Nobel Prize, Randomized Controlled Trials, and Poverty
There are two great things about the 2019 Nobel Prize for Economics that went to Abhijit Banerjee, Esther Duflo, and Michael Kremer. The first is the focus on poverty, which for some reason is rare for the Prize. The second is that one of the winners is a woman – Esther Duflo – which is only the second time that’s happened in the history of the prize.
Having said that, there are a few things that worry me about this prize. The three won for their work on adapting Randomized Controlled Trials (RCT) to development interventions. You know, the type of experiment scientists use to figure out which new drugs might treat diseases. You have a control group that gets a placebo, and the treatment group that gets the drug you’re testing, at least in its most classic form. Except in this case the control and treatment groups are communities, or schools, or anywhere poor people are found.
The method is a powerful one for trying out ideas and generating data on what works better. The prize winners have tried it with immunization rates, microenterprise programs, refugee livelihoods, and a stack of other problems related to poverty. I recently participated in an RCT in West Africa, measuring the effects of a radio program on levels of political tolerance. For that radio show, it’s hard to imagine another method that would have produced convincing results.
It works great for drugs. What could go wrong applying it to social problems? Turns out quite a bit. A lot of ink has been spilled over this issue, so let me focus on the most concerning ones.
Service Delivery – RCT works best for micro-interventions or service delivery, that is, interventions dealing with a single problem like how to increase immunization rates or use of bed nets. For these purposes the method is powerful. For anything more profound though, the method ignores the wider structural issues that create poverty and keep people in it. The trend in recent years has been to see the systems that people rely on, and that often fail them. Understanding these complex systems has led us to understand that local efforts must be accompanied by regional interventions and connection with national or international policy to really change things. With RCTs, there is a risk of “individualizing” the problem of poverty. The onus is on individual behavior. If you just use a bed net, or if you just get your teachers to show up at school, then your problems would be solved. This Victorian view of poverty, which sees the individual character as the cause of poverty, ignores the systems that are so important to keeping people poor.
As 15 leading economists (including two other Nobel Prize winners) recently pointed out in The Guardian,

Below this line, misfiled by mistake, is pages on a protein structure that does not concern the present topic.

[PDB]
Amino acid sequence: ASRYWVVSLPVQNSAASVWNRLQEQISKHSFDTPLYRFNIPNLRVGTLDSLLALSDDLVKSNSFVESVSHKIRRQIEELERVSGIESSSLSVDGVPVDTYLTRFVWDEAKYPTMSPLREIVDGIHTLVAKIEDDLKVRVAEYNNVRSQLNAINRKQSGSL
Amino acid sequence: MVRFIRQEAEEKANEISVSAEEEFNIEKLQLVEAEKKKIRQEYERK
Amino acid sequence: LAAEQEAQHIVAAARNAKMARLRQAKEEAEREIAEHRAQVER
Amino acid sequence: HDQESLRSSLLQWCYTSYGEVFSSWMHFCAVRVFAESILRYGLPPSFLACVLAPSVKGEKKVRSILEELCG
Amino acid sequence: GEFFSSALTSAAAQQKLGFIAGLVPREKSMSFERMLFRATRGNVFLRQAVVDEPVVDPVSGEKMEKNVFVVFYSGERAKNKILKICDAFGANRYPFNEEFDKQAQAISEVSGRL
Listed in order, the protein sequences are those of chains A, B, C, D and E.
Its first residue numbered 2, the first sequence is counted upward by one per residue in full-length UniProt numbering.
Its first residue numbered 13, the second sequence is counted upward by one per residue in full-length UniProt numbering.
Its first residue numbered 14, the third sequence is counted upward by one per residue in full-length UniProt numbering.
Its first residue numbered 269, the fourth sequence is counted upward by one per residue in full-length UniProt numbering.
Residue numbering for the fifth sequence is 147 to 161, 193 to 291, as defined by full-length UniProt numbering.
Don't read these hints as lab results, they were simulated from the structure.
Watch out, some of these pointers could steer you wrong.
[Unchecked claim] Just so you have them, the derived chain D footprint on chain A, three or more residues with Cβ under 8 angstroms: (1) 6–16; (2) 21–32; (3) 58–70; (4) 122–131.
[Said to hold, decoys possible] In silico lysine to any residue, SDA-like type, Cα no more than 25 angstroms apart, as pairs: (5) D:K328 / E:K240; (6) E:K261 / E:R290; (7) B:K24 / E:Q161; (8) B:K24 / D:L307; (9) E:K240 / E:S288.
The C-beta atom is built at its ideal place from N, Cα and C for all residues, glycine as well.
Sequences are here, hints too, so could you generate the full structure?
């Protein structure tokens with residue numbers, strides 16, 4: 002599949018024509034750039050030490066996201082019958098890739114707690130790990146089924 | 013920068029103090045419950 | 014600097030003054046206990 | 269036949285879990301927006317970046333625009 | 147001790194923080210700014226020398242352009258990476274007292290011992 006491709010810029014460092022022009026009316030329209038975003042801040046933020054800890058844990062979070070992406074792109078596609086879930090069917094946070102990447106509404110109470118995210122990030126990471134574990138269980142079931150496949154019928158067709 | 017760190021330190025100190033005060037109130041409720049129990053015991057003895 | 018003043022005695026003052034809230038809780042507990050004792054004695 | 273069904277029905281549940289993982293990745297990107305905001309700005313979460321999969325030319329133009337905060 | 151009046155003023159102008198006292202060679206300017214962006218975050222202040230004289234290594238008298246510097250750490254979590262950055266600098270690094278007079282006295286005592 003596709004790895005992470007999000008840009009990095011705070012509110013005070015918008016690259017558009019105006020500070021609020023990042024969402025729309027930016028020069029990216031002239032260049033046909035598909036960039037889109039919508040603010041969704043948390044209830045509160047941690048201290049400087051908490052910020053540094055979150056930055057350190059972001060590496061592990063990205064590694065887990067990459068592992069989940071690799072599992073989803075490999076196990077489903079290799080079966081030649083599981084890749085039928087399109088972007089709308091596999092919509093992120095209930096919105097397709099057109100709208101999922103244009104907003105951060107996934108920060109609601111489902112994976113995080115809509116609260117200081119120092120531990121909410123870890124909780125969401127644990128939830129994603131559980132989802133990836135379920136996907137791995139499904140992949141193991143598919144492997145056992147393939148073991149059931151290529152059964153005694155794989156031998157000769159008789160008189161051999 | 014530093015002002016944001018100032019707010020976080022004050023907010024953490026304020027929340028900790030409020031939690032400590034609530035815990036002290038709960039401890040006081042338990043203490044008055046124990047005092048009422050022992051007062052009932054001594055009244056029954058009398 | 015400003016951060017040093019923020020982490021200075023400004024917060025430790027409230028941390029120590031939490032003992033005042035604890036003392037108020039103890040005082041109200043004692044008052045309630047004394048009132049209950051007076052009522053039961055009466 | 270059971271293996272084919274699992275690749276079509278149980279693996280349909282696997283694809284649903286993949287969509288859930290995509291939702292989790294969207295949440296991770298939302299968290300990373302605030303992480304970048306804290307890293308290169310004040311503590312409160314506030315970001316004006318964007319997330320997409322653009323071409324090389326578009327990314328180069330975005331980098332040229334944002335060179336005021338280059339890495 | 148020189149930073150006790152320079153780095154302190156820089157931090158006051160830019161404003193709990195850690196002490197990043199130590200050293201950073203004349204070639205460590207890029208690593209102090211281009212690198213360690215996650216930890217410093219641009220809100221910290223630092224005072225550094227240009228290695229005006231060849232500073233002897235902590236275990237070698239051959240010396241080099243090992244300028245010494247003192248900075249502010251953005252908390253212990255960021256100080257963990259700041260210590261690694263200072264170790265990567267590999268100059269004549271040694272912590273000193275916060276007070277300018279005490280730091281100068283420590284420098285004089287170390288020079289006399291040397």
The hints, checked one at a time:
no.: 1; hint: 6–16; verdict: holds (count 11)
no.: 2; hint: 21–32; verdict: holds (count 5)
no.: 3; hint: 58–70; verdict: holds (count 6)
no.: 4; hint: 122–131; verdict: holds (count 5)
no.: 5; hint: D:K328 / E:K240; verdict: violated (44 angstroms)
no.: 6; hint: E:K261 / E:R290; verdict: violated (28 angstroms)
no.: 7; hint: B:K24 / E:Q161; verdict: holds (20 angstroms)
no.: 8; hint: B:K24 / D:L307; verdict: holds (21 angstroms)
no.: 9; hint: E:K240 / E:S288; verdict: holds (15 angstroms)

Handing out performance bonuses to teachers, for example, is an inadequate response to education budgets that have been slashed in order to pay down onerous external debts.
Water purification tablets are too little in the face of droughts induced by climate change; what is at stake is an ecological emergency that demands coordinated public policy strategies. In agriculture, real progress requires putting an end to the excessive subsidies paid by rich nations to large producers, regulating food commodity derivatives markets, and ending the land grabs that dispossess the small-scale farmers who play vital roles in feeding the world.
I get it, though, not all interventions have to take on the whole mess at once. Which would be fine, if the “randomistas” (as the more fervent evangelists have come to be known) didn’t pose RCT as the gold standard, the only method that reveals the Truth. In her 2010 Ted talk, Esther Duflo in fact suggests that without RCTs “we are not any better than the Medieval doctors and their leeches.” Which would come as a surprise to all those astronomers, paleontologists, and other scientists who somehow find a way to do good science with RCTs.
Policy can’t be randomized – Because RCTs work best on discrete interventions, they really aren’t much help in policy change, which drives much of the change we work on. Poverty is a political phenomenon, and contested control over state policy and resources determines as much about people’s life chances as access to microloans or self-help workshops. Unfortunately, this contested terrain is a tough place to do RCTs, so they’re not much help there. There is stacks of great work these days on how to do and assess advocacy and policy change work that takes into account how social change really happens in a fundamental way. Getting better at doing RCTs should not deter us from pushing these approaches even farther.
Cost – RCTs work best when there is a lot of data, to cover over the inevitable differences across individuals and groups. Leaving aside the issue for a moment of whether you can really find “control groups” across large numbers of people, the result is that interventions tend to be large and expensive. Which would be fine if they actually solved the root causes of poverty in key areas, but they don’t. So the risk of donors pivoting scarce resources from the messy and long term work of building social power and bringing about policy change to the flashy results provided by RCTs is a concern. Given the trends to improving “aid effectiveness,” there is a danger that short term results will take precedence over long term effectiveness.
So congratulations to the three winners, and hats off to them for innovating in what is often a moribund space. Let’s keep in mind that RCTs are one tool among many, better suited for some purposes than others. And let’s keep figuring out how to bring about the fundamental social change that so many of us are working for, using these tools and the many others that we have in our tool kits.